Aviation services


The Christchurch Engine Centre, established in 1953, is located at the airport and is now a joint facility run by Pratt & Whitney and Air New Zealand. A full MRO service is offered to IAE V2500 engines. Formerly, PW JT8D and Rolls-Royce Dart engines were overhauled at the facility.[87] Air New Zealand has several maintenance facilities at the airport such as 1 Hangar (which can accommodate six Code C aircraft), 3 Hangar (one Code C aircraft) and 5 Hangar (one Code C aircraft) but no longer has a paint hangar.

Access, ground transport, and parking


The main access road into the airport connects to both Russley Road (State Highway 1) and Memorial Avenue at a diamond interchange. The distance from the airport to the city centre is roughly 10 km (6.2 mi).

A drop off and pick up area called 'The Loop' is situated on the ground floor of the multi-level car park building. A number of different taxi and shuttle companies operate services from the airport terminals. Uber also partnered with CIAL to have a dedicated pick-up and drop-off zone for its service.[88]

Three different city bus routes service the airport terminal: the number 3 route to the central city via Avonhead and Riccarton, continuing to Sumner; the number 29 route to the central city via Fendalton; and the number 125 on its route from Redwood to Halswell. In late August 2023, a fourth bus line was announced to be serving the Airport, the 8 Port to Port Route. With service starting September 04th, this bus travels between the Airport and the Port town of Lyttleton via the CBD.[89]

Accidents and incidents

  • On 21 November 1957 at 11.33am a SAFE Air Bristol Freighter (registered ZK-AYH) suffered a catastrophic structural failure on a flight from Paraparaumu to Oamaru and crashed on the Russley Golf Course very near the airport with the loss of all four lives.[90]
  • On 6 June 2003, an Air Adventures New Zealand Ltd Piper PA-31 Chieftain (registered ZK-NCA) crashed into trees and terrain 1.2 nmi (2.2 km; 1.4 mi) short of runway 20, killing the pilot and seven of the nine passengers onboard. The aircraft was flying too low during an ILS approach in foggy weather.[91]
  • An attempted hijacking of Eagle Airways Flight 2279 from Blenheim to Christchurch occurred on 8 February 2008. After the British Aerospace Jetstream 32EP landed, the offender, a Somalian woman, was overpowered by the two pilots and she was later arrested at the scene on Runway 29 after the aircraft came to a stop.[92]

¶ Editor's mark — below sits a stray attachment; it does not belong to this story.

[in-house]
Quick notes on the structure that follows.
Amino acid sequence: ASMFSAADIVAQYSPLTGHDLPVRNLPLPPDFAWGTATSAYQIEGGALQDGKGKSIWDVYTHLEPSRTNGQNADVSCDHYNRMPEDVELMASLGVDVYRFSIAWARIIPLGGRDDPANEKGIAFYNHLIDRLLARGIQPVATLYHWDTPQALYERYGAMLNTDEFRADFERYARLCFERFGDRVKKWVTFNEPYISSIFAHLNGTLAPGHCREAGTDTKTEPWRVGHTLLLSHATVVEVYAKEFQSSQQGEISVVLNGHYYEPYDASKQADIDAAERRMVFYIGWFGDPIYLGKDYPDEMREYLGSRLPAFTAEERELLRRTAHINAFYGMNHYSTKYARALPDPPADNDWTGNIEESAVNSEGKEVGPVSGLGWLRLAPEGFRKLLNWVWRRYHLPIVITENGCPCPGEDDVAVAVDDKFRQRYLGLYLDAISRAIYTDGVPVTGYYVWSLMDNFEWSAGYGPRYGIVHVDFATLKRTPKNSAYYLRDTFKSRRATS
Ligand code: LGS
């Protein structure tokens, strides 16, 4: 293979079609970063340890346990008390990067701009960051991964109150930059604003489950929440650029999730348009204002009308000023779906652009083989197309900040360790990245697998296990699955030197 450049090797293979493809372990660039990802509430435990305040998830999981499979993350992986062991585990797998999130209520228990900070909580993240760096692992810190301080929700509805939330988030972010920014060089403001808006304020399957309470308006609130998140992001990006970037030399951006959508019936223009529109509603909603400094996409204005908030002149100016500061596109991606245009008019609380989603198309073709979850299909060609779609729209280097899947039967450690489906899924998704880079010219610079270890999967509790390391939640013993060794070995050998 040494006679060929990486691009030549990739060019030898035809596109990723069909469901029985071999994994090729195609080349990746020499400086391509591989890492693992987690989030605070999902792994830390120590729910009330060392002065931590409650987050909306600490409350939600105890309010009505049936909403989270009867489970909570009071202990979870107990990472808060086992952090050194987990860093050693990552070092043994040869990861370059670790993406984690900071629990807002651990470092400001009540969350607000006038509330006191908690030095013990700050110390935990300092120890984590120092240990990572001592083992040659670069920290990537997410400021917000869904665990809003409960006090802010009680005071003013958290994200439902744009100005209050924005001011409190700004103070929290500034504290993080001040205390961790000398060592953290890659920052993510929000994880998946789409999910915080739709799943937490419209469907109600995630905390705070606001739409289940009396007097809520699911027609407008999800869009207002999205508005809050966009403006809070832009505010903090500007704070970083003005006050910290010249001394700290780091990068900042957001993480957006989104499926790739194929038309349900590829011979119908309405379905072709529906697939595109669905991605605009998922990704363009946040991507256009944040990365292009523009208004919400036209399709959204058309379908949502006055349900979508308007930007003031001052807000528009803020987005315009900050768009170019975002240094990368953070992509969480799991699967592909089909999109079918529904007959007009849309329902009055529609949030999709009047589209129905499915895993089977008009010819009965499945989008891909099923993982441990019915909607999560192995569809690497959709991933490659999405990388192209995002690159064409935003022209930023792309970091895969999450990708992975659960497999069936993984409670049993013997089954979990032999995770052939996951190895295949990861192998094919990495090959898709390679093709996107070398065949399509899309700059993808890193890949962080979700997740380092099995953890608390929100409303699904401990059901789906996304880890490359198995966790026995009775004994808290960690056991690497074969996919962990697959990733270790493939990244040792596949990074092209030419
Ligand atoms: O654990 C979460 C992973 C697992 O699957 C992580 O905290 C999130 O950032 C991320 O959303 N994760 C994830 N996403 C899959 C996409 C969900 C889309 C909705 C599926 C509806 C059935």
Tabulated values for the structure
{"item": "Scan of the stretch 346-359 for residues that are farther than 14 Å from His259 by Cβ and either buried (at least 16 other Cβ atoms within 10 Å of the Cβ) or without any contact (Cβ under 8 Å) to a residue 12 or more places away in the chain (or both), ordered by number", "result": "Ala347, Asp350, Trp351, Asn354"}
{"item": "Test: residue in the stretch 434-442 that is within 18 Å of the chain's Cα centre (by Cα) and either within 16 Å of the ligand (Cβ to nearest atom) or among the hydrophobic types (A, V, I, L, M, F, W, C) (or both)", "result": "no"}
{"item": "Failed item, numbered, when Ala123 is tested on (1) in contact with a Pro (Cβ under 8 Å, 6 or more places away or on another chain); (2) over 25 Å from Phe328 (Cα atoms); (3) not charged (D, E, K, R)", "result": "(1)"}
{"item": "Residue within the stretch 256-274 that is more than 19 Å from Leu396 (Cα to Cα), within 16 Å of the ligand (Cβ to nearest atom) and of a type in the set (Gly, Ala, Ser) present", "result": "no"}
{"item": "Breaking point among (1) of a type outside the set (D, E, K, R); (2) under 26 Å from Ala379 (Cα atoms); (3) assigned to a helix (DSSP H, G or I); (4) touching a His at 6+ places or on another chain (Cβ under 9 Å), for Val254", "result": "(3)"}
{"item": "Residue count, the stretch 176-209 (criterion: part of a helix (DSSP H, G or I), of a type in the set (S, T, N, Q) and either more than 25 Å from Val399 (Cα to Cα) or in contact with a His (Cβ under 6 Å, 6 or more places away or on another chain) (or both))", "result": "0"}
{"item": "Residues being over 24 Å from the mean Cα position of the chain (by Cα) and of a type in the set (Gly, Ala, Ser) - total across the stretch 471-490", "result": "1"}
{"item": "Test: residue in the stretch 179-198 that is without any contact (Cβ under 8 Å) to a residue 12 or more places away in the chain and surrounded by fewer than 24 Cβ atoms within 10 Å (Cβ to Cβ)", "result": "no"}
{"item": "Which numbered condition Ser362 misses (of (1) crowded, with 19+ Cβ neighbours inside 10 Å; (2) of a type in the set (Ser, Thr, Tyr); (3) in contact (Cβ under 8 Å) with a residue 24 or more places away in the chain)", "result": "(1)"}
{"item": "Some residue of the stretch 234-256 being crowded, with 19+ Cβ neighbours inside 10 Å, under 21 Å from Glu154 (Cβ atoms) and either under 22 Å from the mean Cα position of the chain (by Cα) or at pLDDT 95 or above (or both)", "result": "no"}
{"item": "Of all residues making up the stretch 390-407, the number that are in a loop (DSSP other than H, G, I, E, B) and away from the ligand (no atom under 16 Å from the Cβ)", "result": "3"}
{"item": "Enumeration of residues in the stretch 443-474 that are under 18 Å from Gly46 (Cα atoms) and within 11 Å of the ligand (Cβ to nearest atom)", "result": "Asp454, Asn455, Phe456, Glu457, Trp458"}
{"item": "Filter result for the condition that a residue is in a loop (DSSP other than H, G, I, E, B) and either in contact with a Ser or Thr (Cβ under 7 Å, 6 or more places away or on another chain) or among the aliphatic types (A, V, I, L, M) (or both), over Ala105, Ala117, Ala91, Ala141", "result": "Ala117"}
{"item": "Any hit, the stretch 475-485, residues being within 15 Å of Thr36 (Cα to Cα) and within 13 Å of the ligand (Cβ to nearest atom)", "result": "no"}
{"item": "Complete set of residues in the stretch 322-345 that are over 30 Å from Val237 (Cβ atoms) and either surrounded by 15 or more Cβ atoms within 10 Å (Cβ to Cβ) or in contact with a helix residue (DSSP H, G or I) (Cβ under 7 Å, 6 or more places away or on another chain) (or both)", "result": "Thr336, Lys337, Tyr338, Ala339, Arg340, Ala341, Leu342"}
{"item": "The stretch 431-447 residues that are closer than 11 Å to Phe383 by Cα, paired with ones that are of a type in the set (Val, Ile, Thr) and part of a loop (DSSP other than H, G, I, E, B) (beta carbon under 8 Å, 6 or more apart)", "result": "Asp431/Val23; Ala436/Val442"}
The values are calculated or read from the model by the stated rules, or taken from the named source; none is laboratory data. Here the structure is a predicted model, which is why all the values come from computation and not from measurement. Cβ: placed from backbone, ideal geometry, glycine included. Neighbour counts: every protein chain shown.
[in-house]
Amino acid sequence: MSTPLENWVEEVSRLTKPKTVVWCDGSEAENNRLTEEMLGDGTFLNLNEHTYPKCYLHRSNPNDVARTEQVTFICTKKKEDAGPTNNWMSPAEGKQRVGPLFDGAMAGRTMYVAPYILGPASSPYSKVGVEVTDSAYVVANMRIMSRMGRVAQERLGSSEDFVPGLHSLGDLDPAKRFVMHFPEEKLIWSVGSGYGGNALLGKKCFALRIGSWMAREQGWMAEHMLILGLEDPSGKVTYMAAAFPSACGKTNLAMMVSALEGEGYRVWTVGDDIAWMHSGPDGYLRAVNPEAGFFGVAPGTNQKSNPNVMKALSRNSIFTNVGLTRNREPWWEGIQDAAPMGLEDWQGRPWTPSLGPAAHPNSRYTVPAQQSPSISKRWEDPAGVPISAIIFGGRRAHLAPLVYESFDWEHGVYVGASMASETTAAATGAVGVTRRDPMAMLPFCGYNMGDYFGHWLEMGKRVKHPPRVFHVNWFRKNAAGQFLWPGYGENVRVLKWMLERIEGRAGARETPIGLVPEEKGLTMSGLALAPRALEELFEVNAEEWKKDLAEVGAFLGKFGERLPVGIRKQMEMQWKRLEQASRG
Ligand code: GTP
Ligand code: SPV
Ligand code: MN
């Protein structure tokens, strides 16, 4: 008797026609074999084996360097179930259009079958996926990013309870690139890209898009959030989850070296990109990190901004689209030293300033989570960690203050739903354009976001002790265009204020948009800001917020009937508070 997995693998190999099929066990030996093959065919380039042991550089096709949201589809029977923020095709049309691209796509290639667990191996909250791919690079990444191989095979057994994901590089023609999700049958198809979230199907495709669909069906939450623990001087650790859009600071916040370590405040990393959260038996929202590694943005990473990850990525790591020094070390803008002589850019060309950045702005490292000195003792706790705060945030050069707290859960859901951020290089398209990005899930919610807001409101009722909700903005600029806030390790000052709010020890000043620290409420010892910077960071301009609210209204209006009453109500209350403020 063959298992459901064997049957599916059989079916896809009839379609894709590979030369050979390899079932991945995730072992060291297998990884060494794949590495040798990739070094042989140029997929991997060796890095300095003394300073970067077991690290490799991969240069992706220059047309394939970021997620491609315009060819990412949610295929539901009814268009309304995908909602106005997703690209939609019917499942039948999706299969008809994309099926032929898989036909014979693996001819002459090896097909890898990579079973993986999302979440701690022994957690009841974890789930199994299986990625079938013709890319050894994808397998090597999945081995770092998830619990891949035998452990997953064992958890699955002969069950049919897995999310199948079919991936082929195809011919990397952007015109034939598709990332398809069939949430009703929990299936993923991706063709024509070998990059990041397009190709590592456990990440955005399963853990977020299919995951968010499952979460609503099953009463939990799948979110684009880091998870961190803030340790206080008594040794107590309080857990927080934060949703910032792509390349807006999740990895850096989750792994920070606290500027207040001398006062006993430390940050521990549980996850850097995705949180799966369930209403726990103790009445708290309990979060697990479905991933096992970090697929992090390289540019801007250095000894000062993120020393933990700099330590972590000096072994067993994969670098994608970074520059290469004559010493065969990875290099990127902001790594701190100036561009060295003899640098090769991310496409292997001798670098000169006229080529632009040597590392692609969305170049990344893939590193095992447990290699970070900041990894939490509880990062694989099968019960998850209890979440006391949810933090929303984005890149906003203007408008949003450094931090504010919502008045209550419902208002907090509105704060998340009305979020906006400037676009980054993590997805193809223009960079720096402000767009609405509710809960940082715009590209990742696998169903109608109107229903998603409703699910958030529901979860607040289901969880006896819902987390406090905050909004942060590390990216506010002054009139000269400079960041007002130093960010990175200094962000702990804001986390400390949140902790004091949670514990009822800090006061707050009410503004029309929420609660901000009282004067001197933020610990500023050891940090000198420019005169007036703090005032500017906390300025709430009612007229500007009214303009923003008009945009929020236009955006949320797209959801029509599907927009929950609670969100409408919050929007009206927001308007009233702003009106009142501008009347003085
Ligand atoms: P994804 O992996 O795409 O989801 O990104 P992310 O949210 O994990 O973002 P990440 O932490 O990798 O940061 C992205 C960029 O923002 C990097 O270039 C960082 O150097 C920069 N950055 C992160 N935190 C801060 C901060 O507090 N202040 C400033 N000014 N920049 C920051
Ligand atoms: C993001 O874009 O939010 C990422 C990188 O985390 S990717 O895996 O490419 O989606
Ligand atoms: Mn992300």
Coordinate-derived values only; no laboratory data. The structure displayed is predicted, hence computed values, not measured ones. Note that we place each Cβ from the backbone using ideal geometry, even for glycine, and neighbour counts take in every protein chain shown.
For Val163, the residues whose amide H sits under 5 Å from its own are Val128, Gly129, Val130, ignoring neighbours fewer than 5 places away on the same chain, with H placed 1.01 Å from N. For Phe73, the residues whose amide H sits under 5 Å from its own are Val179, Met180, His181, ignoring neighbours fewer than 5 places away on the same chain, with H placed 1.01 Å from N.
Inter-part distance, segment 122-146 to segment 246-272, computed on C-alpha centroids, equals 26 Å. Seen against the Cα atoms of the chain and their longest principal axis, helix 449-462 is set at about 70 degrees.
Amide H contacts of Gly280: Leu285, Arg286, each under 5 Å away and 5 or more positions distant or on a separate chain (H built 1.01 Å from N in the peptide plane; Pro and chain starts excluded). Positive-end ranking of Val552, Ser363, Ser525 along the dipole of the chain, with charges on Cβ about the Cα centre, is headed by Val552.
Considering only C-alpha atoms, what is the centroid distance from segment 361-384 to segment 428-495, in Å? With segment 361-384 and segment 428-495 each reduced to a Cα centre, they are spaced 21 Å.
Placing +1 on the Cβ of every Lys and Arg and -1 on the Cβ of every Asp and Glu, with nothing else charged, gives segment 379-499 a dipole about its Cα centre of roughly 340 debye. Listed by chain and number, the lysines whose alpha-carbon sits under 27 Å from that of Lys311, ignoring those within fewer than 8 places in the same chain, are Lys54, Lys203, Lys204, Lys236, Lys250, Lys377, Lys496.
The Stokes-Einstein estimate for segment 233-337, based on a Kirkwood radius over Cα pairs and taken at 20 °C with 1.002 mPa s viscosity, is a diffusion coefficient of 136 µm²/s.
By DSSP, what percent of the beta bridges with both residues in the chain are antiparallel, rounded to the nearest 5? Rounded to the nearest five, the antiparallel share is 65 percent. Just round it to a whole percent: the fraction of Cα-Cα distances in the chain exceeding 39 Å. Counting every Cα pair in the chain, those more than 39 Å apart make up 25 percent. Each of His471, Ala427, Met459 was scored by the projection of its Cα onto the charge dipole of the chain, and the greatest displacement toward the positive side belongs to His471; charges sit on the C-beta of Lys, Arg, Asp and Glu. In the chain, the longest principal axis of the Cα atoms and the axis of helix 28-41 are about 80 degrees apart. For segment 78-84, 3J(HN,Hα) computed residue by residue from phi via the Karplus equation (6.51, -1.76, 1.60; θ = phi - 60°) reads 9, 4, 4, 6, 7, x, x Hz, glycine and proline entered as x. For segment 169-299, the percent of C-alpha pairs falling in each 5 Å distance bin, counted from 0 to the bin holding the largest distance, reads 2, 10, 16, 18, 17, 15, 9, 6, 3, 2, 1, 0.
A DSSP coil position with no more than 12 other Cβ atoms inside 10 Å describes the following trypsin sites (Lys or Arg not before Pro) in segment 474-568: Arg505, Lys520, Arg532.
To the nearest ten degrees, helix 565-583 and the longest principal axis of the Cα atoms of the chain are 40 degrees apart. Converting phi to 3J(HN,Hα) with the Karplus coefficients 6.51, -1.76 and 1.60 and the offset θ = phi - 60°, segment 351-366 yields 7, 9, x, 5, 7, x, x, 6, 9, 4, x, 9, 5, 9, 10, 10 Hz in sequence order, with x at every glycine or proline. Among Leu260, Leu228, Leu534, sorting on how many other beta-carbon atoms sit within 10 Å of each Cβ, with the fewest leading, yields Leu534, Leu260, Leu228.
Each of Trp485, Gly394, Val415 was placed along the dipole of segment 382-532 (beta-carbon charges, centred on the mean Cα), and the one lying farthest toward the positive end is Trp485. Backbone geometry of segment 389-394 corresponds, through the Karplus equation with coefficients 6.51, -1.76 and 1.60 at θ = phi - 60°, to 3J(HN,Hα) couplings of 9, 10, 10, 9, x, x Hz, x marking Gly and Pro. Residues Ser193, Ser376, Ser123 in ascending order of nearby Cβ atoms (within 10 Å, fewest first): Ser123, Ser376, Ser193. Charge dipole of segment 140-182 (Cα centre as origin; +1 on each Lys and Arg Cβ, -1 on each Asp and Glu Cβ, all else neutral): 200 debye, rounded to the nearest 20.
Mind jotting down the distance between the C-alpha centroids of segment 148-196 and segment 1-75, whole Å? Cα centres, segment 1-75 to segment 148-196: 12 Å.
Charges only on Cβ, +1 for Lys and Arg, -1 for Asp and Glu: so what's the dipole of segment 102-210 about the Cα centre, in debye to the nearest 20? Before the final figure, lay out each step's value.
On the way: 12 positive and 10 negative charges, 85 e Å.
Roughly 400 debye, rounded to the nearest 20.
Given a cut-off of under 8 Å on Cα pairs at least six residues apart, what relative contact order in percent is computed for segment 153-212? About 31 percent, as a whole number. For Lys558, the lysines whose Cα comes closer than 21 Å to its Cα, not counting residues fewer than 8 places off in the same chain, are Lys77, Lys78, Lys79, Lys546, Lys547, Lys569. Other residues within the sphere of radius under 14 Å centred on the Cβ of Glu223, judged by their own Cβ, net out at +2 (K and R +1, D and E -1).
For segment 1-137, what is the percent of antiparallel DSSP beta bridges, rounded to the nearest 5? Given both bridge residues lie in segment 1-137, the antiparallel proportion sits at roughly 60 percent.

• In November 2014, a New Zealand Member of Parliament, Gerry Brownlee, was fined $2000 by the Civil Aviation Authority for a breach of security that occurred at Christchurch Airport on 24 July 2014. An official inquiry found that Brownlee (then Minister of Transport) and two of his aides had evaded security screening by entering a departure lounge through an exit door while in a rush to board a domestic flight.[93]
  • On 31 May 2024, a Jetstar Airbus A320 (registered VH-VFF) operating flight JQ225 from Auckland lost directional control while landing on runway 02 and slid off the edge of the runway. No injuries were reported, but the airport was closed while the aircraft was towed to the terminal and the runway inspected.[94]



The statistical area of Christchurch Airport, which includes commercial areas near the airport, covers 11.45 km2 (4.42 sq mi).[95] It had an estimated population of 170 as of June 2023,[96] with a population density of 14.8 people per km2.

Historical population
YearPop.±% p.a.
Source: [97]

Christchurch Airport had a population of 177 at the 2018 New Zealand census, an increase of 9 people (5.4%) since the 2013 census, and a decrease of 6 people (−3.3%) since the 2006 census. There were 75 households, comprising 99 males and 75 females, giving a sex ratio of 1.32 males per female. The median age was 50.1 years (compared with 37.4 years nationally), with 21 people (11.9%) aged under 15 years, 39 (22.0%) aged 15 to 29, 87 (49.2%) aged 30 to 64, and 30 (16.9%) aged 65 or older.

Ethnicities were 81.4% European/Pākehā, 16.9% Māori, 6.8% Asian, and 3.4% other ethnicities. People may identify with more than one ethnicity.

The percentage of people born overseas was 18.6, compared with 27.1% nationally.

Although some people chose not to answer the census's question about religious affiliation, 47.5% had no religion, 37.3% were Christian, 3.4% were Muslim and 1.7% had other religions.

Of those at least 15 years old, 12 (7.7%) people had a bachelor's or higher degree, and 45 (28.8%) people had no formal qualifications. The median income was $29,100, compared with $31,800 nationally. 18 people (11.5%) earned over $70,000 compared to 17.2% nationally. The employment status of those at least 15 was that 75 (48.1%) people were employed full-time, 33 (21.2%) were part-time, and 6 (3.8%) were unemployed.[97]

See also



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  • Phillips, Tony (2013). With Great Foresight: The story of Christchurch International Airport. Christchurch: The Caxton Press. ISBN 9780473265403.